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What went wrong with BBC2's Civilisations?

"I have loved it (in parts) and been infuriated by it (in larger parts)": David Butcher on why the BBC's landmark series just hasn't worked

Mary Beard presenting Civilisations, BBC Pictures, SL
Published: Thursday, 26th April 2018 at 1:21 pm

So how was it for you? BBC2’s Civilisations ends tonight and if you’re one of the hardy, arty souls who stuck with it all the way, you deserve some kind of medal. Possibly a bronze Etruscan medal with an exquisite relief on it of a kind Mary Beard could enthuse about.


But let’s face it, for such a whopping series, Civilisations was a whopping let-down. I have loved it (in parts) and been infuriated by it (in larger parts). Some criticism of the show has been daft and wrong-headed, but the trouble is, so were many of the editorial decisions that went into it. The whole affair left presenters Beard, Simon Schama and David Olusoga looking like they were unsteadily perched atop the broadcasting world’s most well-intentioned white elephant.

But let’s start with the one thing that wasn't wrong with Civilisations – the thing conservative critics complained of – that it was wrong to include so much art from around the world: 'Kenneth Clarke, in his original 1960s series, never climbed Inca statues or tried to interest us in Maori portraits!' 'It’s multiculturalism run riot!' 'It’s tired BBC political correctness!' 'Sack the DG!'

Nonsense, of course. The idea that you could do a landmark cultural history series in 2018 and only talk about canonical artworks from Western Europe, maybe with a nod to North America, would never wash. Going global isn’t an excess of PC, it’s getting real.

No, that wasn’t what was wrong with the series. But plenty of other things were. For brevity’s sake, let’s have a numbered summary…

1. The slow beginning

It started badly: the first two programmes were the weakest. Things got better, with Olusoga (when he finally turned up) delivering sharp programmes and Schama hitting peak form. But by then half the audience had left. You can’t afford to open a series this important on a low.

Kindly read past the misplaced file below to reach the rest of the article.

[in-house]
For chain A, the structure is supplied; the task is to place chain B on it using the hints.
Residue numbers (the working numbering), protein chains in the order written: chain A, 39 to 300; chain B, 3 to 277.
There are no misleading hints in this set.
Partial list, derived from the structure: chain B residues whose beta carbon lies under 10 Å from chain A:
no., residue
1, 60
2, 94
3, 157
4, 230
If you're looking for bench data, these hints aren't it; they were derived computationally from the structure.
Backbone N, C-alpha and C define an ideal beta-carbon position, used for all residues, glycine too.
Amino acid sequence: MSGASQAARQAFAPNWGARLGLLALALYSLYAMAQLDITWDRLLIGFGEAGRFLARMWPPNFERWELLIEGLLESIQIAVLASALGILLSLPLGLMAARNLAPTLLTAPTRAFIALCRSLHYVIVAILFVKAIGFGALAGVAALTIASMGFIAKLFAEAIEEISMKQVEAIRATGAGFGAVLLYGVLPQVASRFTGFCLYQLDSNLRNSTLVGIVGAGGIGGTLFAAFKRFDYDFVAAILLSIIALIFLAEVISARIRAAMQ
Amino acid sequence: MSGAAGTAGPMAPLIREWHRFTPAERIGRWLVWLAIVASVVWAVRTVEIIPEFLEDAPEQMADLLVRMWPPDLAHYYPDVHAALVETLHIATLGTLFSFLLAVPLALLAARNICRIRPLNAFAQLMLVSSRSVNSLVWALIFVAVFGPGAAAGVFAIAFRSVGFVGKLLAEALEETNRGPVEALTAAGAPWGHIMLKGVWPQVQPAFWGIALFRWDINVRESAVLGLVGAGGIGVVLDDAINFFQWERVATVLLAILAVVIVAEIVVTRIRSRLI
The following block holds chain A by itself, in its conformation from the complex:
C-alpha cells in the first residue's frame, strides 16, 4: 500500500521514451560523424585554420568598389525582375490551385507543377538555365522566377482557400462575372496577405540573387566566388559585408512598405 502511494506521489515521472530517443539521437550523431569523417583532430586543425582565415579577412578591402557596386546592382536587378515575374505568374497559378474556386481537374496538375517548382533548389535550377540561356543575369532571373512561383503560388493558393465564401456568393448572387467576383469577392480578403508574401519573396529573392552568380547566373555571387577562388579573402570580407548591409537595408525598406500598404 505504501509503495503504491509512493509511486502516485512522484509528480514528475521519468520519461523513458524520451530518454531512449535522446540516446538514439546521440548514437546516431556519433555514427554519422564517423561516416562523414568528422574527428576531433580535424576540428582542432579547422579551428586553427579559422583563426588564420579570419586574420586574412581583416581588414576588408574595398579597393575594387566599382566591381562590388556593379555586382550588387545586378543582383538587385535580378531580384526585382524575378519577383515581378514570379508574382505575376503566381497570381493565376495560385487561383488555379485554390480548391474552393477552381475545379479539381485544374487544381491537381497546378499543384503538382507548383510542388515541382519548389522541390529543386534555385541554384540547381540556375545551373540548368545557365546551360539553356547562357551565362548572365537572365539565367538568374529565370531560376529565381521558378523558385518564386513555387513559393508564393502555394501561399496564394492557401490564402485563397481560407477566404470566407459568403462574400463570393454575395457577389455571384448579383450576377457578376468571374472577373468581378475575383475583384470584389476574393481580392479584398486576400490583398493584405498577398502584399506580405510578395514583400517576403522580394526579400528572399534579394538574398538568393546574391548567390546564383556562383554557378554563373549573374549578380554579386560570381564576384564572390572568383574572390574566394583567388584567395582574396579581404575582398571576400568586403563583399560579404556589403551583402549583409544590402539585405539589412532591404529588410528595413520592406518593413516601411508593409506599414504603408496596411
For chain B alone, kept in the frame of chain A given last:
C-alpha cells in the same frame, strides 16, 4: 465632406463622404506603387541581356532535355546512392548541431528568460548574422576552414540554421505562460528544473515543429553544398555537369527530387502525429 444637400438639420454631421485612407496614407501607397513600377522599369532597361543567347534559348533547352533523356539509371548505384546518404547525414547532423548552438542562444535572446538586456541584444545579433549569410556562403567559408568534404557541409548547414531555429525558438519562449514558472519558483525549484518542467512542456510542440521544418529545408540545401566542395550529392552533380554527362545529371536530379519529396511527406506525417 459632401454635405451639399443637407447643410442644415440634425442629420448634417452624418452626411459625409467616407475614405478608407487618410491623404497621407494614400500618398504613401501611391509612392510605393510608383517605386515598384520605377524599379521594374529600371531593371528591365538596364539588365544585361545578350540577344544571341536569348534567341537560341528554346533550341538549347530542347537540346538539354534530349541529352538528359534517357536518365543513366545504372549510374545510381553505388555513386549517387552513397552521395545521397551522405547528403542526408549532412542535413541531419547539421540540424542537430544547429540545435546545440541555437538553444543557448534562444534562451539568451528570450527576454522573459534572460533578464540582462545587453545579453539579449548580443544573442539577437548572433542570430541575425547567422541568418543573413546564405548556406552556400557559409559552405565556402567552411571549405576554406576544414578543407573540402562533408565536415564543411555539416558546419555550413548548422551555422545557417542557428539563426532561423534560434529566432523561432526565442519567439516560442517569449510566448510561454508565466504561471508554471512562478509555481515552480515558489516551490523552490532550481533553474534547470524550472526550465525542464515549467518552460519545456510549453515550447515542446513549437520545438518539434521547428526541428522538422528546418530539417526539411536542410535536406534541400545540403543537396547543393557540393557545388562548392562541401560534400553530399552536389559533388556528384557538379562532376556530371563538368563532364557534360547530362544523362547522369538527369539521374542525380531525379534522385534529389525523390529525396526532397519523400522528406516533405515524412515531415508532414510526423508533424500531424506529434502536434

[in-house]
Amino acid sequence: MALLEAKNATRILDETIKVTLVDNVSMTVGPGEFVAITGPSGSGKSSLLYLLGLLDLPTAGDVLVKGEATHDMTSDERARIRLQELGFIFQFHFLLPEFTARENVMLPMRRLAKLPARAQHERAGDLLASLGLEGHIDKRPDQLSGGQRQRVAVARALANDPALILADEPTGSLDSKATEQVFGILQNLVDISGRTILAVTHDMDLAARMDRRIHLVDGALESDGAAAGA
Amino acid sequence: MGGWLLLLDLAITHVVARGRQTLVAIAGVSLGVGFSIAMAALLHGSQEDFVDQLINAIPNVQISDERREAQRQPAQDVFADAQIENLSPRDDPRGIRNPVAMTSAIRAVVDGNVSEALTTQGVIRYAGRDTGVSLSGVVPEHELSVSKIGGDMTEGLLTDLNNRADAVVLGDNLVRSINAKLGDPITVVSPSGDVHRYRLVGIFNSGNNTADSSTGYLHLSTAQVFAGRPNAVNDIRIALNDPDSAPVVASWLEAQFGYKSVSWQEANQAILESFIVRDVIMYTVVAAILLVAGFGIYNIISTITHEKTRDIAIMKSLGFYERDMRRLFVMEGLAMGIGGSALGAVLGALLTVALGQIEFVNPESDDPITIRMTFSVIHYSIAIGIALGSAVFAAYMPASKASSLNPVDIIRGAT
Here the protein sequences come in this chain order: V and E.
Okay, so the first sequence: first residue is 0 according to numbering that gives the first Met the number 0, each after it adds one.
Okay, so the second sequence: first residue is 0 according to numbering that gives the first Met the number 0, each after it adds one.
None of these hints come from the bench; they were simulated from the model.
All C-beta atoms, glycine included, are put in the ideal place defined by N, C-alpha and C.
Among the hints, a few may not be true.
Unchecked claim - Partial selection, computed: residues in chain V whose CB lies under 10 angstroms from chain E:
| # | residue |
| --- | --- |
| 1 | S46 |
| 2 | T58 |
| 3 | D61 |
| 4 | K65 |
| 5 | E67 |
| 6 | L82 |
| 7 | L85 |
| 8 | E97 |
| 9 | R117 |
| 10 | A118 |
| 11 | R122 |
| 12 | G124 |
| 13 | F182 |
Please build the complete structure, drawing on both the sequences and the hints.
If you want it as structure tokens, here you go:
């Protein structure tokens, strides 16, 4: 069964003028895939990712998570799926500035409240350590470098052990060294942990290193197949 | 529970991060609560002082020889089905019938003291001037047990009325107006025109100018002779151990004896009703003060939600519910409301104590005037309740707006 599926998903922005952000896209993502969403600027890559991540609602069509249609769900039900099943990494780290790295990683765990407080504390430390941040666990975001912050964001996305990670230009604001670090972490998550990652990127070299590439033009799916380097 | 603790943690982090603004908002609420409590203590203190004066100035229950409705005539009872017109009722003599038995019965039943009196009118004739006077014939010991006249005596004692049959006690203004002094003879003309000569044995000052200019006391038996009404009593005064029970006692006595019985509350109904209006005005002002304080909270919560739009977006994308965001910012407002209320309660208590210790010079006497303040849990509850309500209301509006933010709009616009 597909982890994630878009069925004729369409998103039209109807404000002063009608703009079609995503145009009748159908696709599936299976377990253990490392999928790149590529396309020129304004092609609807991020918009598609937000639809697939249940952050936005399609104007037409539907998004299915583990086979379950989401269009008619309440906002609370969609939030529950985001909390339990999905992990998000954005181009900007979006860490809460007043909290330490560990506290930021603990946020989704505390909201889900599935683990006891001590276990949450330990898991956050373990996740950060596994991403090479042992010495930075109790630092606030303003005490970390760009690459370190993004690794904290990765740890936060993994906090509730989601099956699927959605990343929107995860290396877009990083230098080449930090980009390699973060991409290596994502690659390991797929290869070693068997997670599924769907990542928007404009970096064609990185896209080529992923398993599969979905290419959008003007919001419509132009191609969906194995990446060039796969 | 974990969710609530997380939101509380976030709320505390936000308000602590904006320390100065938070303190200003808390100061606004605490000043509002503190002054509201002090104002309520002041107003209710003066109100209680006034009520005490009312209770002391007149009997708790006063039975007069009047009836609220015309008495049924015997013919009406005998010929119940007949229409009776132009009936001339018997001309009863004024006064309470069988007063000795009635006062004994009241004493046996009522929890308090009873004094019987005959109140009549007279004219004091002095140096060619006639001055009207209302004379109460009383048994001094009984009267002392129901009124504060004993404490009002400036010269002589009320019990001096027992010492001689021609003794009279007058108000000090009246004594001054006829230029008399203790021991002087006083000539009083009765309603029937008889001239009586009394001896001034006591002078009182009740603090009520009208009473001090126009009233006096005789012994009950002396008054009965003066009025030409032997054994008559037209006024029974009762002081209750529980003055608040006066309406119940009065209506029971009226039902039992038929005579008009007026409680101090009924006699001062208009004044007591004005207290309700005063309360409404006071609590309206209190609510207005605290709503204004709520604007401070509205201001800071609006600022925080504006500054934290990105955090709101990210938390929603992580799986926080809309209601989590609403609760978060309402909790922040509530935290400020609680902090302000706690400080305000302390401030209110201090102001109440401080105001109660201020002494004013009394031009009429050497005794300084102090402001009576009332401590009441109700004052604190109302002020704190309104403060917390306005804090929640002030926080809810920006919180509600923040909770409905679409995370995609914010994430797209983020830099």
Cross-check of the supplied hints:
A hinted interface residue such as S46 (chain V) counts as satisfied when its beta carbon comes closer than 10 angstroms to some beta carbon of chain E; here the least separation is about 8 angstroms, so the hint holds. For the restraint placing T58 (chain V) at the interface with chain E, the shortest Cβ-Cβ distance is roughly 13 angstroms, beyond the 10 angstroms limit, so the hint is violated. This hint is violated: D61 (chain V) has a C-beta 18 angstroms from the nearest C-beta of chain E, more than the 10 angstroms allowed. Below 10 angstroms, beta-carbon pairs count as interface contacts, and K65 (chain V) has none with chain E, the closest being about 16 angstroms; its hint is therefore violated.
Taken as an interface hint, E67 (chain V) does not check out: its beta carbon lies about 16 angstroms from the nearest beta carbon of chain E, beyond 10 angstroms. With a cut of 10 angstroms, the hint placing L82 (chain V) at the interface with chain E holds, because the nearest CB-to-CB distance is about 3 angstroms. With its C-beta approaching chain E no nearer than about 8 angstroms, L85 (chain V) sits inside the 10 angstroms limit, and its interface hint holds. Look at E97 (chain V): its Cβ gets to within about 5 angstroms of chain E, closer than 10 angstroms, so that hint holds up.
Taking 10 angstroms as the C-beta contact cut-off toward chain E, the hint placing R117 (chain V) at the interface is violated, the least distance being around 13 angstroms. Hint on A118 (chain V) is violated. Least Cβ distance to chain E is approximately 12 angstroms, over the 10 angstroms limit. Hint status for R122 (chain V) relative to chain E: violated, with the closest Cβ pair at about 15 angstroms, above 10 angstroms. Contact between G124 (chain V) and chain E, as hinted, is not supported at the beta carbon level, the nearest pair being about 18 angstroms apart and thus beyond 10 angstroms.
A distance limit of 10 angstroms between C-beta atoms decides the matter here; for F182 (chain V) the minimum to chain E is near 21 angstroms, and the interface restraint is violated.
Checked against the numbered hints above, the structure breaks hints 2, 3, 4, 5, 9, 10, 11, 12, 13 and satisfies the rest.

2. The patchwork of presenters

It was bizarre to shuffle presenters. In the end Civilisations was mainly Schama’s show, with guest spots from Beard and Olusoga. But why? If you must share it around, at least give them each the same number of episodes, or have them take turns. This felt like an all-star art-history tag-team. Who’s up this week? Who knows?

3. The overwhelming volume

They tried to cram waaaay too much into each edition, making it dense and stodgy as a viewing experience. There was no light and shade, just one gorgeous thing after another: “Behold this exquisite artefact from Venice…Behold this exquisite artefact from India… Behold this exquisite artefact from Delft…” and so on for an hour, until we felt like geese force-fed a glut of aesthetic goodies, or tourists on the world’s most exhausting gallery tour.

4. The pitch

The producers were so keen to defend against possible charges of dumbing down, they made the show high-minded and serious to the point of being a turn-off. I love nothing better than a highbrow doc, but Civilisations started to feel like a lecture, like we should take notes and think of smart questions to ask.

5. The obvious omissions

Ranging across cultures and continents was essential; digging out gems most viewers would never have seen before – bronzes from Benin, Japanese erotica, Bavarian ceilings – was great. But the programme wilfully ignored the obvious. OK, so you might feel Constable is a cliché but not to mention him at all in a British programme about landscape art felt perverse.

6. The grandiosity

The series trumpeted that it was all about “the best things our species is capable of creating” and “the light from humanity’s vital spark”. No, it was about a part of that: art and architecture. There’s no mention of music, literature, theatre, poetry, dance – also some of the best things people create – which would be fine if the series made clear what its scope was and didn’t claim to be about the whole span of, ah yes, civilisation.

I could go on. But the series has taken enough of a kicking – not least in the ratings, which have declined to around 700,000 viewers. For a series that took four years to come to the screen and burnt through a very thick wad of BBC budget, that’s not enough.

I loved Kenneth Clarke’s original series and was hugely looking forward to this sequel. And for all its failings, I’d still recommend watching tonight’s finale on art in the contemporary world. It’s flawed and frustating, but one brilliant scene where Chinese artist Cai Guo-Qiang creates a new work using coloured gunpowder makes it all worth it.

In the end only the BBC could create a televisual folly on quite the scale of Civilisations because only the BBC would try. Maybe we should be glad it still does.


Civilisations concludes on Thursday 26th April at 9pm on BBC2. Civilisations on Your Doorstep – a companion programme hosted by Mary Beard – airs on Saturday 28th April, also at 9pm on BBC2


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